Arnold J allowed the application in part. In his opinion:
- The document in question set out the statistical method which was referred to by a number of disclosed documents. Danisco was not just speculatively fishing when seeking it, but it still had to be asked whether it was actually relevant to the dispute which was the subject of the litigation.
- The document was actually necessary in order to understand the figures in another document that had already been disclosed -- though ultimately it might not possess any evidential weight.
- Disclosure of that document would not place any substantial burden on Novozymes, nor was it unfair to ask Novozymes to disclose it with the EPO hearing being just two weeks away. In any event, Novozymes could have disclosed the document earlier and, regarding the EPO hearing, the EPO would not allow Novozymes to be prejudiced by this disclosure.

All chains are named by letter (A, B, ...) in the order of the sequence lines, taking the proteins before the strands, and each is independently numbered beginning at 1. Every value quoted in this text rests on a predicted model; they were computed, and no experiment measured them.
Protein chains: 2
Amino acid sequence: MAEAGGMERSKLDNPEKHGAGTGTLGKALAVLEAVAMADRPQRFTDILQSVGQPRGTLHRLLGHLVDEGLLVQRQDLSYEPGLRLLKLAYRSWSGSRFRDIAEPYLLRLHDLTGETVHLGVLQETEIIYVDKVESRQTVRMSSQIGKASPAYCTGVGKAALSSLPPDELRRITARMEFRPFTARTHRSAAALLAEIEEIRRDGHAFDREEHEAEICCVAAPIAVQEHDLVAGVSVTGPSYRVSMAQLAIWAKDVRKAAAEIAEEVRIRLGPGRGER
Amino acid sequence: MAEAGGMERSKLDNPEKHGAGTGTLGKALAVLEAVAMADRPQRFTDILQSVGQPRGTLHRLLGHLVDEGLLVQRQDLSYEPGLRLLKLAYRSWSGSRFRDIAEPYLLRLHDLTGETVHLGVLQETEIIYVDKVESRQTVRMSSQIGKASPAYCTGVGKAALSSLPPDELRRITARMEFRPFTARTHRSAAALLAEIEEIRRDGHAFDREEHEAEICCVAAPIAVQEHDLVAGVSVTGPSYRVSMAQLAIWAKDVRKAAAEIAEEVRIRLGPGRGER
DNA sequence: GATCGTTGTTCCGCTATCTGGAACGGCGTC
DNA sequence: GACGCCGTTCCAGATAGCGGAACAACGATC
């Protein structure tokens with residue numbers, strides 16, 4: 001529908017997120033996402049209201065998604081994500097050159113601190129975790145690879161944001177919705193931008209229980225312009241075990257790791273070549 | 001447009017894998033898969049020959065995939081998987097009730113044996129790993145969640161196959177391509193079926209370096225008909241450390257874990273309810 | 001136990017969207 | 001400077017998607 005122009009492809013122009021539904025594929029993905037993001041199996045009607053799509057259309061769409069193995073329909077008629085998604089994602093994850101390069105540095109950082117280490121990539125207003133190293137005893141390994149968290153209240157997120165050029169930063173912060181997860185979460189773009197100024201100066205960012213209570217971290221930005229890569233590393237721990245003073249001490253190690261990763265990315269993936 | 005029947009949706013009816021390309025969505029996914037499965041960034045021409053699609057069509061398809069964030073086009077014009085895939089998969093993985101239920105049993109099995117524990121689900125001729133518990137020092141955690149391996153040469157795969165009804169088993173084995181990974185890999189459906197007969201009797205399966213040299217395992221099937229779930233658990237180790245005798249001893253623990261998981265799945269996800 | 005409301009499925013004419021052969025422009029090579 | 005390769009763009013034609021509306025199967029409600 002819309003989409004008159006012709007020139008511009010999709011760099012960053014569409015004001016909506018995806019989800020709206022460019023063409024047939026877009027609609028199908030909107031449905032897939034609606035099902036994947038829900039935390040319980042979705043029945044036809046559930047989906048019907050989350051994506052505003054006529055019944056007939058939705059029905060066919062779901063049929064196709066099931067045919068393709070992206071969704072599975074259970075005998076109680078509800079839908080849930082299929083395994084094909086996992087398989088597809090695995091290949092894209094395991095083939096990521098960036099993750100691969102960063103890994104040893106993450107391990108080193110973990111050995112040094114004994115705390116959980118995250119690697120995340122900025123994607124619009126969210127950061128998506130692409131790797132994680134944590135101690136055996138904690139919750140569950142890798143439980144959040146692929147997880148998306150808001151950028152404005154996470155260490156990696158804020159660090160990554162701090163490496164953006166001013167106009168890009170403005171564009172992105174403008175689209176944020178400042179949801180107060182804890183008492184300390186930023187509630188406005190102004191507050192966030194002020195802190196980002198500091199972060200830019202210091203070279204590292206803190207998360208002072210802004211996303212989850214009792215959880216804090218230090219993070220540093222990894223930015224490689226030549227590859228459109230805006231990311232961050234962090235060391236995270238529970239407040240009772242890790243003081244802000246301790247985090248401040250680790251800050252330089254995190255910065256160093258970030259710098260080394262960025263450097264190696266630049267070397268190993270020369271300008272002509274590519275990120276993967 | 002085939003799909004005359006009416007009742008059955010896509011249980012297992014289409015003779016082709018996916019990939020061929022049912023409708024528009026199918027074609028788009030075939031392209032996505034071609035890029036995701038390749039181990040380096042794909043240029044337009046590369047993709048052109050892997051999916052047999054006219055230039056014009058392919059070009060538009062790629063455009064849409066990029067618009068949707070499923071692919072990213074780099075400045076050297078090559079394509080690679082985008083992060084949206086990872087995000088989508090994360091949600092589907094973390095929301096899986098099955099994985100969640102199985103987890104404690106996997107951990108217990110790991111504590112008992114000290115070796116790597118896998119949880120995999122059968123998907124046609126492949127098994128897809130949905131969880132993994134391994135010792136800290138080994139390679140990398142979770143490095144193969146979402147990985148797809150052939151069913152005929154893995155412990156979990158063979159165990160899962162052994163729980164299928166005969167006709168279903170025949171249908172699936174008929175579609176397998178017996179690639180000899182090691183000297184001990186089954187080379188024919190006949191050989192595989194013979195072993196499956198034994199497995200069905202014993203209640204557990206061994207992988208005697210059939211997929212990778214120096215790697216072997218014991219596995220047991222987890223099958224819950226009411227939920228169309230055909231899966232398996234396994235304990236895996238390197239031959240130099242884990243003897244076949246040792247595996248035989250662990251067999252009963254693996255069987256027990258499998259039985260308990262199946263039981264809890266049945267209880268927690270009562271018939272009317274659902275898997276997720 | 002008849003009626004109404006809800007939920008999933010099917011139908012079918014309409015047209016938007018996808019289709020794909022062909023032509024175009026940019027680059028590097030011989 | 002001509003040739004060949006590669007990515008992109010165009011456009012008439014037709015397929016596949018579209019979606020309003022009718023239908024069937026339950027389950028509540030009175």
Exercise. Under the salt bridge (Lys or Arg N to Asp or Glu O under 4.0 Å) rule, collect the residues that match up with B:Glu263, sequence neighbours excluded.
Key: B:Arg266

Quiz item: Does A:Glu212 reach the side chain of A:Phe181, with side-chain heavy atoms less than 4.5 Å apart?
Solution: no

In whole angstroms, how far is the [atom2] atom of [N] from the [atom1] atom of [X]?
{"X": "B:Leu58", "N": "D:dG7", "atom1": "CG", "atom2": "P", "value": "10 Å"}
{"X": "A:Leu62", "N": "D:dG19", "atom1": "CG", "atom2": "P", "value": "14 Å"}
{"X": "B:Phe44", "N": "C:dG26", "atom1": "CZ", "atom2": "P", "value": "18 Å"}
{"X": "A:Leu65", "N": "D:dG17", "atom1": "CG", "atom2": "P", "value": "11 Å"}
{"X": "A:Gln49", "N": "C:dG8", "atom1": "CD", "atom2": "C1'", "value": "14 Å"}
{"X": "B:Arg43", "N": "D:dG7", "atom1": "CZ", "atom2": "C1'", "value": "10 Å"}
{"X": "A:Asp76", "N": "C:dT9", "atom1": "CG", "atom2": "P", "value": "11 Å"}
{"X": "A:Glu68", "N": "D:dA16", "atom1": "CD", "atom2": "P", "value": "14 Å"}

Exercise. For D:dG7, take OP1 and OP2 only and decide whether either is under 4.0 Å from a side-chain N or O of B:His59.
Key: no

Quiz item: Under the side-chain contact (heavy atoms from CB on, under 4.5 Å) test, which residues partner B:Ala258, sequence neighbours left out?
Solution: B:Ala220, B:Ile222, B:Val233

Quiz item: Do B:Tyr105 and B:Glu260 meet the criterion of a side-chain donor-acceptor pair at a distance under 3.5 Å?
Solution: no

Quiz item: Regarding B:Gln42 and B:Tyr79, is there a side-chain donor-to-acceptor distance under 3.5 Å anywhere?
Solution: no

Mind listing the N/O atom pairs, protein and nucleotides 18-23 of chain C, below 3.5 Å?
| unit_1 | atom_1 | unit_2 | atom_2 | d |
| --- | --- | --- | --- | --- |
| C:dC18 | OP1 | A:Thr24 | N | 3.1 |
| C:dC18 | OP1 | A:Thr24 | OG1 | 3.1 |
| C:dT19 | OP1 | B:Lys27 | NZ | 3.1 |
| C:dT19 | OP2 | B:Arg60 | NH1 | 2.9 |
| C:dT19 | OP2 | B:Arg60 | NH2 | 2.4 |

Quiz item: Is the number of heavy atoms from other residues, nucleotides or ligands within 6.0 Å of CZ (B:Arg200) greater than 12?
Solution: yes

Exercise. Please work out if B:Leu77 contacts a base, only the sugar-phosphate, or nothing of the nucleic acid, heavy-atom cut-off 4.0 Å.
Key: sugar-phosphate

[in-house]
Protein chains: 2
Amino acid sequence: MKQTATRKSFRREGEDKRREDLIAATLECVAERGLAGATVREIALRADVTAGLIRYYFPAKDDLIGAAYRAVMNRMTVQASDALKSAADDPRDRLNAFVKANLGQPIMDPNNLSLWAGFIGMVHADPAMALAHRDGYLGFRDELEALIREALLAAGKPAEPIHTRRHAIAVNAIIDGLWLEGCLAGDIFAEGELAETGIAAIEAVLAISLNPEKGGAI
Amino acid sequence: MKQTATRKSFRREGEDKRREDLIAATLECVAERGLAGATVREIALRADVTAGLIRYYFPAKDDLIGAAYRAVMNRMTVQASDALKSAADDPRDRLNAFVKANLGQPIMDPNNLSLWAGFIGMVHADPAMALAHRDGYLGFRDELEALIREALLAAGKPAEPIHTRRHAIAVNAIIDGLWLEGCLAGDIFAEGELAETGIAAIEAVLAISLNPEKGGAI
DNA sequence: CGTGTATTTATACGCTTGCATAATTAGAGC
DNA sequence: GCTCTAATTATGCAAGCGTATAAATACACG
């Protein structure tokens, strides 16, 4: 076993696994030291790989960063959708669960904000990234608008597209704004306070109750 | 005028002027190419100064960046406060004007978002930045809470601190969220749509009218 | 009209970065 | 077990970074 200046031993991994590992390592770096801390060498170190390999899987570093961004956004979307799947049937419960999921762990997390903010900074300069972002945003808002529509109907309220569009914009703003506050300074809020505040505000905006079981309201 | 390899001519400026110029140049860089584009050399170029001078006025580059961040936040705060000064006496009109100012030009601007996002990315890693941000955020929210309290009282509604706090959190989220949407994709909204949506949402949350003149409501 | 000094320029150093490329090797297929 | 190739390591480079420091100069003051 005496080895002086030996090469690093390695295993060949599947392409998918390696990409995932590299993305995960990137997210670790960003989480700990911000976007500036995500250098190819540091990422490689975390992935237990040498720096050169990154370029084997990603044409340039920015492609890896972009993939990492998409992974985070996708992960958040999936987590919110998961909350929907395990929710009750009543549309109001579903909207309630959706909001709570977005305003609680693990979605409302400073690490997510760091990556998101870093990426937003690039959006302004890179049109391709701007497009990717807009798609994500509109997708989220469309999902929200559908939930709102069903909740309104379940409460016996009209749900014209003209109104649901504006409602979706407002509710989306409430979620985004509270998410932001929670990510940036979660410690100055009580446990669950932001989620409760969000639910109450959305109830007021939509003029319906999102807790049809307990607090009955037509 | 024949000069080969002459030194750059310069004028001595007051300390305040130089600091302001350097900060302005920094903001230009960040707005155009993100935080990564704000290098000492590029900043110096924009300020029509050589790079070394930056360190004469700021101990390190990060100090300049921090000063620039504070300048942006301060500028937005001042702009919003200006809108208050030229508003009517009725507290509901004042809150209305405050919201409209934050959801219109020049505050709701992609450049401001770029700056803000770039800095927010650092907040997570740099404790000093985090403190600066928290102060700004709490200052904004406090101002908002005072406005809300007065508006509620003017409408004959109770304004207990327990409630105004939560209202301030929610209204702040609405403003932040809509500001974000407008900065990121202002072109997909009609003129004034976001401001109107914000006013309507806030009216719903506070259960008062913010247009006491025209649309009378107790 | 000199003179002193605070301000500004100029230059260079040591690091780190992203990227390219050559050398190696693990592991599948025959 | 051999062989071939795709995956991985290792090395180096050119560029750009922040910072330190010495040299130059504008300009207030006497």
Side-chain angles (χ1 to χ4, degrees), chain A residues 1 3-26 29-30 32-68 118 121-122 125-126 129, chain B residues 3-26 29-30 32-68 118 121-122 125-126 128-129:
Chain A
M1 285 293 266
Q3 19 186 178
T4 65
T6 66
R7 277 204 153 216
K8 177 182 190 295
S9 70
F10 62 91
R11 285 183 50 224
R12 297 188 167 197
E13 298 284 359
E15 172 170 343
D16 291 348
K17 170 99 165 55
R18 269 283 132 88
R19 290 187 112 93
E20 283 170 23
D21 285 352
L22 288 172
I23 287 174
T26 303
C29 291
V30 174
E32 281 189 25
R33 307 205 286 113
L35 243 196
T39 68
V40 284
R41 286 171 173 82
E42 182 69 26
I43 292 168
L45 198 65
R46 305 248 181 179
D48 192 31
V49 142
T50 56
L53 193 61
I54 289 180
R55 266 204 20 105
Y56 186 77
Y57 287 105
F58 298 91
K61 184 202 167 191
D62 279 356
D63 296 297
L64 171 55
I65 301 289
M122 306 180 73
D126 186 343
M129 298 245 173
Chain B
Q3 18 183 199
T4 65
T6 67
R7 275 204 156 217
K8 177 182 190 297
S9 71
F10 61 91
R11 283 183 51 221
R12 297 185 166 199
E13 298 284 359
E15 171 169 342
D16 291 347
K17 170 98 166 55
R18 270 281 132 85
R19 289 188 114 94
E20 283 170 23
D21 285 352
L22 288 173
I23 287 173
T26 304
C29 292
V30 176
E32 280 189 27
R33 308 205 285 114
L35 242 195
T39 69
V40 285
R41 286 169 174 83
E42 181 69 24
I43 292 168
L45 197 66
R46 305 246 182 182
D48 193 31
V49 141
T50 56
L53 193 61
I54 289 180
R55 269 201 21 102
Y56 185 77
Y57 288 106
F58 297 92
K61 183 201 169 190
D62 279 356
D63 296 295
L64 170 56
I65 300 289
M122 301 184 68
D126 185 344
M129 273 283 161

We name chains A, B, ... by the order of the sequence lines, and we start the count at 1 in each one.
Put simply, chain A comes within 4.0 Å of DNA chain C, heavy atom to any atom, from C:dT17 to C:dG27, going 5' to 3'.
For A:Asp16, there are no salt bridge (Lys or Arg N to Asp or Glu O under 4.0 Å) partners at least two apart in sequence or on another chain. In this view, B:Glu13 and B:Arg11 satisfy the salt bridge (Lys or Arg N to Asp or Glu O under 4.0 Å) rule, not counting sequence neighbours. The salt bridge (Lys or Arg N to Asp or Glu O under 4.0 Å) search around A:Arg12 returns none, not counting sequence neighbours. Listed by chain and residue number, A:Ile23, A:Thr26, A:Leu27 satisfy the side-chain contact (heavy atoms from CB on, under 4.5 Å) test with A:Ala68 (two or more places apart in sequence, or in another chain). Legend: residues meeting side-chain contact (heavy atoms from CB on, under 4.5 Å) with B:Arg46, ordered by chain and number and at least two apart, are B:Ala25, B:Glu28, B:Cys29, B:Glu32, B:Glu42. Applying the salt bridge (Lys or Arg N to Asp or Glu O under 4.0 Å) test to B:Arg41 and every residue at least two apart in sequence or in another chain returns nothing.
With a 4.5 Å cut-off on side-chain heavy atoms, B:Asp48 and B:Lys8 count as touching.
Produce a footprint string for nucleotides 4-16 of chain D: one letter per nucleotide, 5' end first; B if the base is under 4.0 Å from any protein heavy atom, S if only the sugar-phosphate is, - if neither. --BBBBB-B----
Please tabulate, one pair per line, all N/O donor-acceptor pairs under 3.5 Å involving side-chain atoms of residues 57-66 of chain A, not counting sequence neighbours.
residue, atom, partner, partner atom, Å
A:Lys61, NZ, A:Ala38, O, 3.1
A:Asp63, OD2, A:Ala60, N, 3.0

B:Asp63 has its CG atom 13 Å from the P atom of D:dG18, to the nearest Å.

- As to the redacted parts of the May 2009 report, inspection would be ordered. The report was sufficiently relevant to be able to support Danisco's case or undermine Novozymes'. If this wasn't a patent trial, disclosure would have been ordered, the problem here only being that Danisco's application for inspection was made outside the four-year window for disclosure in patent cases. Again, no burden would be placed on Novozymes in complying with the inspection request.
- Disclosure of the redacted parts of the further monthly reports would not be ordered: they post-dated the issues to which Danisco claimed they were relevant by one-and-a-half to two years.